Before we left the cemetery, Andy’s friends all sang “You Smile” and “We R Who We R”, 2 of Andy’s favorite songs. It was beautiful. We went back to the house where there was enough catered food to feed an army. I understand Paula, my manager, coordinated the whole thing along with donations from many friends at work. Bless their hearts, again, everything taken care of. I will never forget what they did for me. All of Andy’s friends were there, and it made my heart a little less broken to have their young energy in the house. I still love when they spend time here…this house was meant to have young energy!
The house and patio were filled with friends and family, and it was nice having them all there. I talked to as many people as I could, reminiscing about all the happy memories. I also spent some time alone. As the evening wore on, my brother, Jeff, pulled out an iphone application called “Fat Booth”, which basically adds 100 lbs. to you. We had more fun with that application, and it felt really good to laugh. I can’t remember the last time I laughed that hard…it was a great release. My neighbor, John, fixed my back patio gate, which I only found out later. I remember thinking, “Who is the kind person who did that for me?” John and Patrick continue to take care of me still…thanks, neighbors! They are not just my neighbors, they are dear friends. People stayed pretty late, and I was glad. Eventually it was time for bed.
I spent another couple of days with my family before they had to leave. I hated for them to go. They were a huge source of support and love for me, but they had to get back to their lives. Ken and I headed for a cabin in Todd, NC. It was peaceful and healing. He took care of everything. I think it was one of the few times in my adult life that I let someone else completely take care of me instead of being the responsible one. He cooked, made me eat, cleaned up, drove, figured out what we would do, made a big fire every night in the fireplace. I could truly just be, and it saved me. He saved me that week. We went to downtown Boone several times and walked around, ate at restaurants, and tried to feel normal. We were both just shell-shocked. After 5 days, we came back home to our sadly quiet, empty houses.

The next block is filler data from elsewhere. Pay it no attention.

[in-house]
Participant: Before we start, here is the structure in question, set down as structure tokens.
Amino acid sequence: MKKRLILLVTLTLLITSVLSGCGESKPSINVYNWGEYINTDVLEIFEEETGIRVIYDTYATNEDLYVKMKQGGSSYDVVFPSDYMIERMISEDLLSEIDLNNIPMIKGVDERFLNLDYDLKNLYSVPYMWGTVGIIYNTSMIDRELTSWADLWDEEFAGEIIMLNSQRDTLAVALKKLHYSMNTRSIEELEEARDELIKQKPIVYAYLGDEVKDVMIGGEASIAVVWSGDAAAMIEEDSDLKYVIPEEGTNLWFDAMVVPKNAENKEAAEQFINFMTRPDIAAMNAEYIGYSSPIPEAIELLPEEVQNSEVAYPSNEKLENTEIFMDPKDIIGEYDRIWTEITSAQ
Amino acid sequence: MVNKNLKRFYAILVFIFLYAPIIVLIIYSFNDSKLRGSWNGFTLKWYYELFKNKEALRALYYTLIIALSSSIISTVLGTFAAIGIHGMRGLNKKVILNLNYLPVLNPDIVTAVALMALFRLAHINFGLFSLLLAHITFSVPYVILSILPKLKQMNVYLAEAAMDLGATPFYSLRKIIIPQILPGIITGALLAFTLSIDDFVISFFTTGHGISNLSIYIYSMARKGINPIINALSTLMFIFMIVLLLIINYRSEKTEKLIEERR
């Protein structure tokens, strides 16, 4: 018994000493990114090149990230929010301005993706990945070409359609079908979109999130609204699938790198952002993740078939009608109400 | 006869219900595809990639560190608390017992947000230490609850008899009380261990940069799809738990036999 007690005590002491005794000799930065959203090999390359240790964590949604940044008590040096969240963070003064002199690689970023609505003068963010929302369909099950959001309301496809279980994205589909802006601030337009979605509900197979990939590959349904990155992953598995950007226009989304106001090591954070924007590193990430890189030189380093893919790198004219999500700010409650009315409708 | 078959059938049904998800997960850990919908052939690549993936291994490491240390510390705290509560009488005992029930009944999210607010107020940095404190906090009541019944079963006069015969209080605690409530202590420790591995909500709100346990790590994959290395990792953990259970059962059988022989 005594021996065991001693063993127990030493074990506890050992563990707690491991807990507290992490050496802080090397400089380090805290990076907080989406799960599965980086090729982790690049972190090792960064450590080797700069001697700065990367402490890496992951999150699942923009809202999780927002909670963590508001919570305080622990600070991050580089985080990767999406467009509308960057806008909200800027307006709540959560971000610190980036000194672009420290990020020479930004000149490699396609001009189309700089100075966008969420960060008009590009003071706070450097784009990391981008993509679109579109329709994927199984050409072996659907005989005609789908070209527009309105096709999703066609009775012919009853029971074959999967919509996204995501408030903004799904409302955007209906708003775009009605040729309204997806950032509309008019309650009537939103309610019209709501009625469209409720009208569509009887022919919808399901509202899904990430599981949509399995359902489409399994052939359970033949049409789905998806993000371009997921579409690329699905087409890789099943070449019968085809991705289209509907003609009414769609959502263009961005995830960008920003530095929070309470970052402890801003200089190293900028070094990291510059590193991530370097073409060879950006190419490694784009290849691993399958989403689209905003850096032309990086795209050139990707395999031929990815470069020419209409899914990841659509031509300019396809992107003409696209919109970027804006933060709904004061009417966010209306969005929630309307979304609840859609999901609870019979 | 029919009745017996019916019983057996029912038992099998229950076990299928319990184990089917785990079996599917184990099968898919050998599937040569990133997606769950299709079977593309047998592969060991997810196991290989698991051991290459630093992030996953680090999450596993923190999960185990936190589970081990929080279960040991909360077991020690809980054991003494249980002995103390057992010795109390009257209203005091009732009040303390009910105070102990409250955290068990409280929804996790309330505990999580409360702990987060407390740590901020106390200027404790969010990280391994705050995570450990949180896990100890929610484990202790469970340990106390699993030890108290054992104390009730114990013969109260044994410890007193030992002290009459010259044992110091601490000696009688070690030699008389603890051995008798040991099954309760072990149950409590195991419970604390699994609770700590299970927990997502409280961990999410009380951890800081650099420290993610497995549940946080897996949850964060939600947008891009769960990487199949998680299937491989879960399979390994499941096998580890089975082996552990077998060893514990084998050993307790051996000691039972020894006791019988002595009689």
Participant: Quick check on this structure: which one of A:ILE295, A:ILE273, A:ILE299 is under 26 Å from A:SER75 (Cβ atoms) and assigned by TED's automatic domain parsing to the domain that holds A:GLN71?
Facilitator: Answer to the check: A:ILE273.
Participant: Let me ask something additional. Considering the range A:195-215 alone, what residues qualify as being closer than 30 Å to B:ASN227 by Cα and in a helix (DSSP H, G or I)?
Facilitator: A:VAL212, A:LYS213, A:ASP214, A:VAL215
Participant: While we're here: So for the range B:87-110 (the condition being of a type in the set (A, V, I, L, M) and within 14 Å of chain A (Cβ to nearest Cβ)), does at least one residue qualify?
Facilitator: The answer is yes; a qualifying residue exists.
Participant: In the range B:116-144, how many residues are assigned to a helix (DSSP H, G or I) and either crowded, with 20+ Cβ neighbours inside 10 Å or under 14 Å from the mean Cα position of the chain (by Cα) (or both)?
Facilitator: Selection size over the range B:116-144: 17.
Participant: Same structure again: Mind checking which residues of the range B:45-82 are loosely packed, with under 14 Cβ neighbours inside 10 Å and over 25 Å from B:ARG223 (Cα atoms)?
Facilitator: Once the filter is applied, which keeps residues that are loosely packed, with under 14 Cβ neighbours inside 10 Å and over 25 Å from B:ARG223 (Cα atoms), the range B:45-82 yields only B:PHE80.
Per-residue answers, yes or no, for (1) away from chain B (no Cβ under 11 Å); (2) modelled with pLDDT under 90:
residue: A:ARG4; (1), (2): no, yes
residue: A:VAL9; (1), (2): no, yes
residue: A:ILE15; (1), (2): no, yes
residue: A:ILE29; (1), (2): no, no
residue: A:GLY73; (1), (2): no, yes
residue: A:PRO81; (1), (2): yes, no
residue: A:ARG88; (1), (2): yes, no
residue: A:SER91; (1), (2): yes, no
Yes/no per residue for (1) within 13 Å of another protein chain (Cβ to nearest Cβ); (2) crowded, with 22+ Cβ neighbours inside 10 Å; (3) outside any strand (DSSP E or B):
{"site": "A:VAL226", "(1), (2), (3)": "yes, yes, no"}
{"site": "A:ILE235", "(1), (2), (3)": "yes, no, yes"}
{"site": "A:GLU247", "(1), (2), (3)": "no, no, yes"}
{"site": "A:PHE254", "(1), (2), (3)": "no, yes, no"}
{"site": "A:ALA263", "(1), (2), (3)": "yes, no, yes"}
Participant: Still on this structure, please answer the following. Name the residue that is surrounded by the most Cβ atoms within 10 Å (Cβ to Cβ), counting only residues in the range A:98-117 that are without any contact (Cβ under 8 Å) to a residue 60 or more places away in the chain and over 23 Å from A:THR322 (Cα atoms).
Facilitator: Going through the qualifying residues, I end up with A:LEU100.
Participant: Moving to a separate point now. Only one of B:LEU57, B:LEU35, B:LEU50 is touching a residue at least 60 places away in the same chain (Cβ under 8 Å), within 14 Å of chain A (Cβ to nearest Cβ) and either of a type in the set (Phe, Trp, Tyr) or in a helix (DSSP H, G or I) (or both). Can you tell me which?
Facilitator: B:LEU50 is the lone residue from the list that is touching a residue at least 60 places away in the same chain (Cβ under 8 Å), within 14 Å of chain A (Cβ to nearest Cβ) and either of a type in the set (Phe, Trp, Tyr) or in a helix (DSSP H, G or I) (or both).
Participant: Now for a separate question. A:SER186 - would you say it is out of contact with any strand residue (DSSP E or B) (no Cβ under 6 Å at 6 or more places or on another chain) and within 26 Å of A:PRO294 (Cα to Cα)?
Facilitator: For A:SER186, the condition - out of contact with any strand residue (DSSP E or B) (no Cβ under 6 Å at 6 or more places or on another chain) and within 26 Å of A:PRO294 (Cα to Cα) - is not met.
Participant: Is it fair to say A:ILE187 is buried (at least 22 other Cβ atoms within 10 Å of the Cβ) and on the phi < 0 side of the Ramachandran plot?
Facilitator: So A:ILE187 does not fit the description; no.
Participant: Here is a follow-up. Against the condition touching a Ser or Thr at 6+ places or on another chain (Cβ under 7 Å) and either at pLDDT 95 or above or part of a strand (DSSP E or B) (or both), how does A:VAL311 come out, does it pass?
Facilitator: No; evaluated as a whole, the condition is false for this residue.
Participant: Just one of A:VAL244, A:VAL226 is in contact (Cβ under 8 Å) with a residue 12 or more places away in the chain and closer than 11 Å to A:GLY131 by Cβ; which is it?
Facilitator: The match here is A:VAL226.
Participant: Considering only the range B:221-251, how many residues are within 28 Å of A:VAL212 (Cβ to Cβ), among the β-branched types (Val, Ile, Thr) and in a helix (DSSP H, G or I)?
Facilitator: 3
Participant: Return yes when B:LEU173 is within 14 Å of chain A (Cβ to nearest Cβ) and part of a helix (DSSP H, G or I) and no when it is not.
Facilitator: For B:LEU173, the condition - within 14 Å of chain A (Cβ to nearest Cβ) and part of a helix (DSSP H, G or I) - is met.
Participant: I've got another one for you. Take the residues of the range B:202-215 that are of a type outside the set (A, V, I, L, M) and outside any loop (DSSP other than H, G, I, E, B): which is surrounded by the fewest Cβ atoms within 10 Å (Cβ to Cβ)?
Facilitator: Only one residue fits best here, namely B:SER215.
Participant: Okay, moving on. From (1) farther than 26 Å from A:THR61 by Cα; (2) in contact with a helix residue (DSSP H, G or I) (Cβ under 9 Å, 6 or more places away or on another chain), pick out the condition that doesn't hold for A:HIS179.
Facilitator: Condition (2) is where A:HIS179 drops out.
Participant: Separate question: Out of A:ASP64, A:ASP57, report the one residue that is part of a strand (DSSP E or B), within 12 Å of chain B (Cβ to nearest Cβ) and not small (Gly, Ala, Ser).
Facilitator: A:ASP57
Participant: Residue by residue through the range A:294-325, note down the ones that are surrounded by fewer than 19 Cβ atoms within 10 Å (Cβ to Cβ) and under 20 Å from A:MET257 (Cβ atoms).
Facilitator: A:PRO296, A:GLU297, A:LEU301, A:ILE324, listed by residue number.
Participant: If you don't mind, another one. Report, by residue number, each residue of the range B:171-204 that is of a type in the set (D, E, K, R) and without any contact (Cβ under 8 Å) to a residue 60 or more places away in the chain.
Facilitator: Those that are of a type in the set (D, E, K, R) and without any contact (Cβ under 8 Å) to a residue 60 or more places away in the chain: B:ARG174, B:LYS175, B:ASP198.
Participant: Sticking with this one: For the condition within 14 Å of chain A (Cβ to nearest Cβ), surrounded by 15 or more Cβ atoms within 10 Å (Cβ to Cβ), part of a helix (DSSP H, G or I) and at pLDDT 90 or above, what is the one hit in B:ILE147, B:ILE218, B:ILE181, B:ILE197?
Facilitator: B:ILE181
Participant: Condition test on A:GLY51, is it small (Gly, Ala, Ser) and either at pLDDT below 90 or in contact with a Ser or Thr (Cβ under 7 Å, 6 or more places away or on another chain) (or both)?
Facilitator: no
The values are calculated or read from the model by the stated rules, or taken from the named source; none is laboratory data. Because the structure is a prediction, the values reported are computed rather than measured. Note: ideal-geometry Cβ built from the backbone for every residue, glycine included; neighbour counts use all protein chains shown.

I went back to work after 3 weeks. I could have easily taken a year off and lived in a cabin in the woods healing and figuring out who I am now, but real life must go on. They continue to ease me back in gradually, which I am deeply grateful for as I still grieve so badly, and my memory and sharpness are still not back to normal. But I have faith that in time they will be. I search each day for at least one thing that gives me joy and gratitude because I must go on, like it or not. I want to live my life fully, not mourn what I’ve lost forever. It’s what Andy would want for me, and so I go on.